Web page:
Scientists at the University of Edinburgh have identified nearly 80 genes that could be associated with depression. Researchers say the genetic basis could possibly help explain the variations in the risk of developing depression among different individuals. The findings were published in the journal Nature Communications.
Depression is a complex disorder with several aetiologic theories. Life events, such as trauma or stress, may have an important role in its onset; however, it is not clearly understood why certain individuals have a higher likelihood of developing the condition.
The researchers analysed data from the UK Biobank. The genetic code of 300,000 individuals was scanned for identifying DNA regions that could be linked to depression. Some of the identified genes are believed to influence the function of synapses, the primary neuronal communication structures. The findings were further confirmed by correlating with anonymised data obtained from a genetics and research company and used with the consent of donors.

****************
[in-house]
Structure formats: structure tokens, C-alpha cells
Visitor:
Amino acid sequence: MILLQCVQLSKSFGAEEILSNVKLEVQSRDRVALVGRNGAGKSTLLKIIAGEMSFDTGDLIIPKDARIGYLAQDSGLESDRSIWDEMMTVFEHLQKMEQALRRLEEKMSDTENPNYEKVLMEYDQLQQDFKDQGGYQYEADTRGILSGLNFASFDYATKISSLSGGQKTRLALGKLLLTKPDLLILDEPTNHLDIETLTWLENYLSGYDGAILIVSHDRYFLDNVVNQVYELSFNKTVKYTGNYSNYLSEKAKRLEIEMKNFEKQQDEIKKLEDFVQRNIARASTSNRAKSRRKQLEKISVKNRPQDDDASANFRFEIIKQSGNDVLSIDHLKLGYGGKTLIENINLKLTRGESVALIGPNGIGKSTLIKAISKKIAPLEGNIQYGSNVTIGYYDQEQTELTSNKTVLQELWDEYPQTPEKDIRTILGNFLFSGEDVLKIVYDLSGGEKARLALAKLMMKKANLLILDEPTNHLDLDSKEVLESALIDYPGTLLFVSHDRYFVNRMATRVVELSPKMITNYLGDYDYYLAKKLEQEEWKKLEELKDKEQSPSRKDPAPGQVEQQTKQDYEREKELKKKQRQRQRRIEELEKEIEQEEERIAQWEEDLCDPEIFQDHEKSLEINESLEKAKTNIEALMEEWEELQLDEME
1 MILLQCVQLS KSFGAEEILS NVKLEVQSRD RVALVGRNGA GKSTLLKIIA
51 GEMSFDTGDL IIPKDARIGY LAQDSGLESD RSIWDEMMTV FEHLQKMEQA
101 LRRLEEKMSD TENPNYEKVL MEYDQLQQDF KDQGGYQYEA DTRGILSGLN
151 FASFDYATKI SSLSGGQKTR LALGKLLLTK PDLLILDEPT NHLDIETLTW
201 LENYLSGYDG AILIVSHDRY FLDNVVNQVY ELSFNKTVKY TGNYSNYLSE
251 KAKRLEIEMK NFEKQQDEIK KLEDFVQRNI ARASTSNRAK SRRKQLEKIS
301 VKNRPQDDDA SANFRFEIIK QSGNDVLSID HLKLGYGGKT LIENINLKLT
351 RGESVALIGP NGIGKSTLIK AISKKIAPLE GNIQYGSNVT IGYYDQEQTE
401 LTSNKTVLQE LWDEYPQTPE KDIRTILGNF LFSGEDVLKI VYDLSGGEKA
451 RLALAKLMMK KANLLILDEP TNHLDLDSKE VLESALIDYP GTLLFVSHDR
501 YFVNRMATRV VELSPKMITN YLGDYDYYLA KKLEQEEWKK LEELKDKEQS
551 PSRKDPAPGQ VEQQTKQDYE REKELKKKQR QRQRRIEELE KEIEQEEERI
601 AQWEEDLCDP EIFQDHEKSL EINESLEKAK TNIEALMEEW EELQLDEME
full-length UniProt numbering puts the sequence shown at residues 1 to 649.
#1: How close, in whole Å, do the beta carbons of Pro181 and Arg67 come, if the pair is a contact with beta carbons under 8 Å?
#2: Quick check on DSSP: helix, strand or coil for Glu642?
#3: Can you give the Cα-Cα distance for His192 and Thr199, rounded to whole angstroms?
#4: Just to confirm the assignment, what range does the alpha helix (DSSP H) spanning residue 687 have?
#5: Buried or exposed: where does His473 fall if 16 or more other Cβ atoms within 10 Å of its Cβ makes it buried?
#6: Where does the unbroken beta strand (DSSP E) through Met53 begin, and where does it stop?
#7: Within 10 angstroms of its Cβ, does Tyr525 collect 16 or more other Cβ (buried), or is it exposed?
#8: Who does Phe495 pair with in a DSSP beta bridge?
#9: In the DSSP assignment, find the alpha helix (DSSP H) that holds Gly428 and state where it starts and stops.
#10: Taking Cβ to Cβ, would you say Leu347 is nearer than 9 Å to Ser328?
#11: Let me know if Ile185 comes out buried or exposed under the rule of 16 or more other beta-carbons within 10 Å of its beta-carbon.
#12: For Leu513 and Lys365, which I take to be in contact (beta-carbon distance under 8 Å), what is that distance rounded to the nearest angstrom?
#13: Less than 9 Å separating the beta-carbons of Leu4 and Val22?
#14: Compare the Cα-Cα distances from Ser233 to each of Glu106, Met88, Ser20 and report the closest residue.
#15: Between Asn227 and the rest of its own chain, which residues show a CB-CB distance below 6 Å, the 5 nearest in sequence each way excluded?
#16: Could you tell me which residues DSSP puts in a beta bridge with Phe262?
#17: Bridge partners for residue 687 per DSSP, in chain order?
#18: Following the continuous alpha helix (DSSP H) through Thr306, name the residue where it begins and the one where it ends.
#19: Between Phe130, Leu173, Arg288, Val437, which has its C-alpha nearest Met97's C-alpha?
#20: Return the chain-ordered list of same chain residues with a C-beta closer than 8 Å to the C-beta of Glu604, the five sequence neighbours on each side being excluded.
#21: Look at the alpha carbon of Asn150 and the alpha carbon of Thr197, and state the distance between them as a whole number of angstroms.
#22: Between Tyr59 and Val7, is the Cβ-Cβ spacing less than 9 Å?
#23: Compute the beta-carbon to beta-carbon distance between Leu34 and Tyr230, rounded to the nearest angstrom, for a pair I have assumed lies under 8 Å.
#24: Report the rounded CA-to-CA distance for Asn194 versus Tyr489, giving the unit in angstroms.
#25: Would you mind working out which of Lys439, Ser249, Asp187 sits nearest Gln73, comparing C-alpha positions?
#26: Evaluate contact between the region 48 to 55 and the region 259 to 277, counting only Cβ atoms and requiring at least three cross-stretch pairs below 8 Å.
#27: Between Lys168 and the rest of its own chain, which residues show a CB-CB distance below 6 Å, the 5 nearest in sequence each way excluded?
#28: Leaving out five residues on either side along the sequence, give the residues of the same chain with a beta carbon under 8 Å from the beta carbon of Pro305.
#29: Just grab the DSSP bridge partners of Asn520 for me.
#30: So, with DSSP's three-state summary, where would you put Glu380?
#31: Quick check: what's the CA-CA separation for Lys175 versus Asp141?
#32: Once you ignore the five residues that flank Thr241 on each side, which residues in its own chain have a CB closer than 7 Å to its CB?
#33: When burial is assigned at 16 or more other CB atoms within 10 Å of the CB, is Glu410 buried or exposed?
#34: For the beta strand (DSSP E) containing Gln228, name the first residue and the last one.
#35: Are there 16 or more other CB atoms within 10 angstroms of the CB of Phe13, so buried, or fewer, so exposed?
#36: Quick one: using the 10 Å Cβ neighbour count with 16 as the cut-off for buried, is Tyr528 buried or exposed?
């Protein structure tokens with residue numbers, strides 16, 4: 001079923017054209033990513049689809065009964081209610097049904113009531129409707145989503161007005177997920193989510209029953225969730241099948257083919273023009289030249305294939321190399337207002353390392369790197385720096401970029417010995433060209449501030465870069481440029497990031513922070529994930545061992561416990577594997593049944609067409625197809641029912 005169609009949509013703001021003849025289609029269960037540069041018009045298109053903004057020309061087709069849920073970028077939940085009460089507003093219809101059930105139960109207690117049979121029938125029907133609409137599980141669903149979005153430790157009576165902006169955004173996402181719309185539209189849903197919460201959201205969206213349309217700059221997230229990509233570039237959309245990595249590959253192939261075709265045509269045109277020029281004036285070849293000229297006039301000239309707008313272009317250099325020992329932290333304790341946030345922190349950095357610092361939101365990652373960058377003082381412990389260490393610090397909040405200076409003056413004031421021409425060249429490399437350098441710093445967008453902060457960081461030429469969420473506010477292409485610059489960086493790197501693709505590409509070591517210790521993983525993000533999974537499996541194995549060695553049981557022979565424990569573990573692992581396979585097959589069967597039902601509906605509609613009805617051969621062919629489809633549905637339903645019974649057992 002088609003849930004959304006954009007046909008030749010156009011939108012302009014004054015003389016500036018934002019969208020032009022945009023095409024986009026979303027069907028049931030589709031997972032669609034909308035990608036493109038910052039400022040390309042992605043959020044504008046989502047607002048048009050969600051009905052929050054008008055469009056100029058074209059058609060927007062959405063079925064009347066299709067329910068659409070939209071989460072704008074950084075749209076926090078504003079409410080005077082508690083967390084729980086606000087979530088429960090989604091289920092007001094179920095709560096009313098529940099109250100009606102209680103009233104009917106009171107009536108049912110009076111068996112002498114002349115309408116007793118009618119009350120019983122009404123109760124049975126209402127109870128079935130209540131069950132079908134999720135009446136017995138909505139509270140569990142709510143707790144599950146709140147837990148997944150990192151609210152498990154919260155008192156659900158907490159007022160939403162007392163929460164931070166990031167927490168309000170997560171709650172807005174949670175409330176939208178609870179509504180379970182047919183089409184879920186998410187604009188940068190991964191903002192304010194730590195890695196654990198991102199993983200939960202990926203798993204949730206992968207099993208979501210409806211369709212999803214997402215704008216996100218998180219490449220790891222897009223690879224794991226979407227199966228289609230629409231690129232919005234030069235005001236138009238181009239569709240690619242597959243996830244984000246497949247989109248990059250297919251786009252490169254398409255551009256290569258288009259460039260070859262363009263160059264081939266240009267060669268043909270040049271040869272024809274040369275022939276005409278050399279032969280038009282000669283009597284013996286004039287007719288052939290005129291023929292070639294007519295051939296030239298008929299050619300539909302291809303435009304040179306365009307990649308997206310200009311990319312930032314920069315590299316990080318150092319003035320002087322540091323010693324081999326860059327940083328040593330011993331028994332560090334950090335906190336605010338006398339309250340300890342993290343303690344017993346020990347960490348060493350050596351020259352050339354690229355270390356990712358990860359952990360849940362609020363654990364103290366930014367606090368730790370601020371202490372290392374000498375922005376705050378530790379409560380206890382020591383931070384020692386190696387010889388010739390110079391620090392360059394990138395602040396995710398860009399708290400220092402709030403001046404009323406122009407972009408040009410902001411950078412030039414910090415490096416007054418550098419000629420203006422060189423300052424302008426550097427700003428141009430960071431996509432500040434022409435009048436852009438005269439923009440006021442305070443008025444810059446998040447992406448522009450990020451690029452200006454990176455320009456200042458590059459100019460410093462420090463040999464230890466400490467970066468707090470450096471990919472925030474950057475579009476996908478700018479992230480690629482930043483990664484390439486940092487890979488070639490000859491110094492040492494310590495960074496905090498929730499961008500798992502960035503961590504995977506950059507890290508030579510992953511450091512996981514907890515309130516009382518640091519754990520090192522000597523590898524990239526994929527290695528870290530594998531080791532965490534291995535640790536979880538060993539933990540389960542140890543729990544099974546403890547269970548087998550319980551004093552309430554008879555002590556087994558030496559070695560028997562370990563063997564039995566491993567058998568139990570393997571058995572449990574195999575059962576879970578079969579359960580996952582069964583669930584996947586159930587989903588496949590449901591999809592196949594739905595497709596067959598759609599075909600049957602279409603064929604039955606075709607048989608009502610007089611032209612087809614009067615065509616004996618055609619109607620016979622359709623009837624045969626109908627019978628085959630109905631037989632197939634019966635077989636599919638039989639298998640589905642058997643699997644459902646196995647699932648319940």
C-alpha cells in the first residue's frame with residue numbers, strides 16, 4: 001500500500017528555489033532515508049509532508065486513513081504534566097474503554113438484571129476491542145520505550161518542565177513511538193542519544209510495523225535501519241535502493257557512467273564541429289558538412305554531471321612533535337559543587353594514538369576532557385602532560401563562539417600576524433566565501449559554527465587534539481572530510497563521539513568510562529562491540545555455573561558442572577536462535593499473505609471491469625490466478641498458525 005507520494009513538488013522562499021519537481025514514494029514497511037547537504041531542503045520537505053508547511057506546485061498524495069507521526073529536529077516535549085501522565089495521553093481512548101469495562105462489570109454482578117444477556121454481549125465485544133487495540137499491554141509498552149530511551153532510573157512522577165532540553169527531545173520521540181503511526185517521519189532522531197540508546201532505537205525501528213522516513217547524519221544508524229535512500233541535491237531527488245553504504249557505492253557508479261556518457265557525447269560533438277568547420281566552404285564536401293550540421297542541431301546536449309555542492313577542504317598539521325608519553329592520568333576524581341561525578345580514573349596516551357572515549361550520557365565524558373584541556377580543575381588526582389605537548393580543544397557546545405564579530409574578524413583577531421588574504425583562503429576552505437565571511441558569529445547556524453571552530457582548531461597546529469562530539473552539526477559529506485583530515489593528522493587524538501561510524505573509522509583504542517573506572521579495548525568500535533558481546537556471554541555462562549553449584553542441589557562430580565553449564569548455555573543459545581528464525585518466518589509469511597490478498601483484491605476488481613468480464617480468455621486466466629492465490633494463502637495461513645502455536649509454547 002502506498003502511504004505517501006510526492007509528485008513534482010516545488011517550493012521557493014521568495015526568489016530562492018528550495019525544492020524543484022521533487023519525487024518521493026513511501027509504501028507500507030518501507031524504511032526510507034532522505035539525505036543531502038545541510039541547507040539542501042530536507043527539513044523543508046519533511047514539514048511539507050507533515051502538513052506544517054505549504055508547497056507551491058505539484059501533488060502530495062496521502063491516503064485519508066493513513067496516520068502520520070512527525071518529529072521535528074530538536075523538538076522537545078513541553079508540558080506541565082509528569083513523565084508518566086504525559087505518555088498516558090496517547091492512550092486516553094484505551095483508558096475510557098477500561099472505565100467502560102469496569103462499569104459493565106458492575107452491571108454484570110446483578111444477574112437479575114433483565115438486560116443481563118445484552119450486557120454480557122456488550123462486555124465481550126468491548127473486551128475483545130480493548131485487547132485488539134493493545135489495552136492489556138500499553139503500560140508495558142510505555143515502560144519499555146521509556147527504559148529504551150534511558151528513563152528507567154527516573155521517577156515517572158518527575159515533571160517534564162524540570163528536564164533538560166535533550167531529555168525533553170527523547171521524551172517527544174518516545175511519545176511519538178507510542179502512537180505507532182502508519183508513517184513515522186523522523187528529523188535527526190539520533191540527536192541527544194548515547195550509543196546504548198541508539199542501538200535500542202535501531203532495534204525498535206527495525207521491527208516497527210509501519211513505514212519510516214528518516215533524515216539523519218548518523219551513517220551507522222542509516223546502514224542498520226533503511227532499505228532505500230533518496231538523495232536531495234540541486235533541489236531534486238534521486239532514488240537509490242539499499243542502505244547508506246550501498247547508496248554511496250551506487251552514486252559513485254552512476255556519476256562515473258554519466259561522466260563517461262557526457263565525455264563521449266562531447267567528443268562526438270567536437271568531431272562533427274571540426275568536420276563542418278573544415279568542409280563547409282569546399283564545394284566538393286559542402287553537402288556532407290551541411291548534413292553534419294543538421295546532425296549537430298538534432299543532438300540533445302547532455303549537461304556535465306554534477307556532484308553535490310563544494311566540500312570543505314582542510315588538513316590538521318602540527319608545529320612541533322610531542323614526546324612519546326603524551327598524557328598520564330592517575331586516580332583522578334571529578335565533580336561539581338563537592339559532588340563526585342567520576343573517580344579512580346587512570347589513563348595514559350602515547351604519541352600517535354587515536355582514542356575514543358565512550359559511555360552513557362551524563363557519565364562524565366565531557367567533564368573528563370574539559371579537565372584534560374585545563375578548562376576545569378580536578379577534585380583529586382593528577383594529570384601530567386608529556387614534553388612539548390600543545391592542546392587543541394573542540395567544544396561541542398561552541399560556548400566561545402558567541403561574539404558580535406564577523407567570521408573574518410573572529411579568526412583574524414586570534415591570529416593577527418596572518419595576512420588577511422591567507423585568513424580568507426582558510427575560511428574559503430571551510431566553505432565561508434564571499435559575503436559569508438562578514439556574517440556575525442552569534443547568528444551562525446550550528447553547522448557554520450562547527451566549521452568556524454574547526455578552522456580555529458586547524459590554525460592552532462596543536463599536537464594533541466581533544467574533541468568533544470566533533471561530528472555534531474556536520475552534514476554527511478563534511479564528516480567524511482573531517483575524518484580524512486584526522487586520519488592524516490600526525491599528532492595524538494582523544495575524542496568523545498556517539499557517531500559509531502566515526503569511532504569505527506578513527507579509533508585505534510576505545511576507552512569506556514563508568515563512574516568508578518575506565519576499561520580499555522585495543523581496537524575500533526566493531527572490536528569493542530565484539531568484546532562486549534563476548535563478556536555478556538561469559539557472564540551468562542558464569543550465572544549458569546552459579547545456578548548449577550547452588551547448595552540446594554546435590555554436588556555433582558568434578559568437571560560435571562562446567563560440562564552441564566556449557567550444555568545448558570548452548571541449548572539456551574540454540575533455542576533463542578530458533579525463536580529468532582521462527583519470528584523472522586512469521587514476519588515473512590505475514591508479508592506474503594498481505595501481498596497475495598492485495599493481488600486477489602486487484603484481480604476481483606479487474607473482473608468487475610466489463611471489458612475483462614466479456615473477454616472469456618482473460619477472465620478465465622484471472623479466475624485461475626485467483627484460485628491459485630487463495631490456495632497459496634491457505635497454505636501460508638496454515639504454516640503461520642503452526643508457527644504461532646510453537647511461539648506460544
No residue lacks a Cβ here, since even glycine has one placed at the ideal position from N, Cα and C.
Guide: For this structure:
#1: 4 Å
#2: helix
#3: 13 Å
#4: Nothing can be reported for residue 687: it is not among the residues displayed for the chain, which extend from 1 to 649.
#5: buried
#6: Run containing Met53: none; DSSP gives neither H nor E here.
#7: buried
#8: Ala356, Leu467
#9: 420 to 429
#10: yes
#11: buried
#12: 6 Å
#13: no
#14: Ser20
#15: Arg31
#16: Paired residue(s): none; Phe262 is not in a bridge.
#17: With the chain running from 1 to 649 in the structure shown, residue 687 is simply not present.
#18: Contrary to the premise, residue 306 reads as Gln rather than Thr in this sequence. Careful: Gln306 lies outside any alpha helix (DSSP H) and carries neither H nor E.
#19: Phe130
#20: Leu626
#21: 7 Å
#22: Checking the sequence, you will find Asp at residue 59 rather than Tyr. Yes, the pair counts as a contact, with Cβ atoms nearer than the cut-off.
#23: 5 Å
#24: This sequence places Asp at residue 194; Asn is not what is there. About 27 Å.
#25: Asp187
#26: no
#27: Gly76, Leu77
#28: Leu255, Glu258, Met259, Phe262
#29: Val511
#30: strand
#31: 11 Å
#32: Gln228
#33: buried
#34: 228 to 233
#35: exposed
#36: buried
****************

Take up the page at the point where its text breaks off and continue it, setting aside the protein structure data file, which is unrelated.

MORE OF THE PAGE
Dr David Howard, lead author of the study, commented: "The findings also provide new clues to the causes of depression and we hope it will narrow down the search for therapies that could help people living with the condition."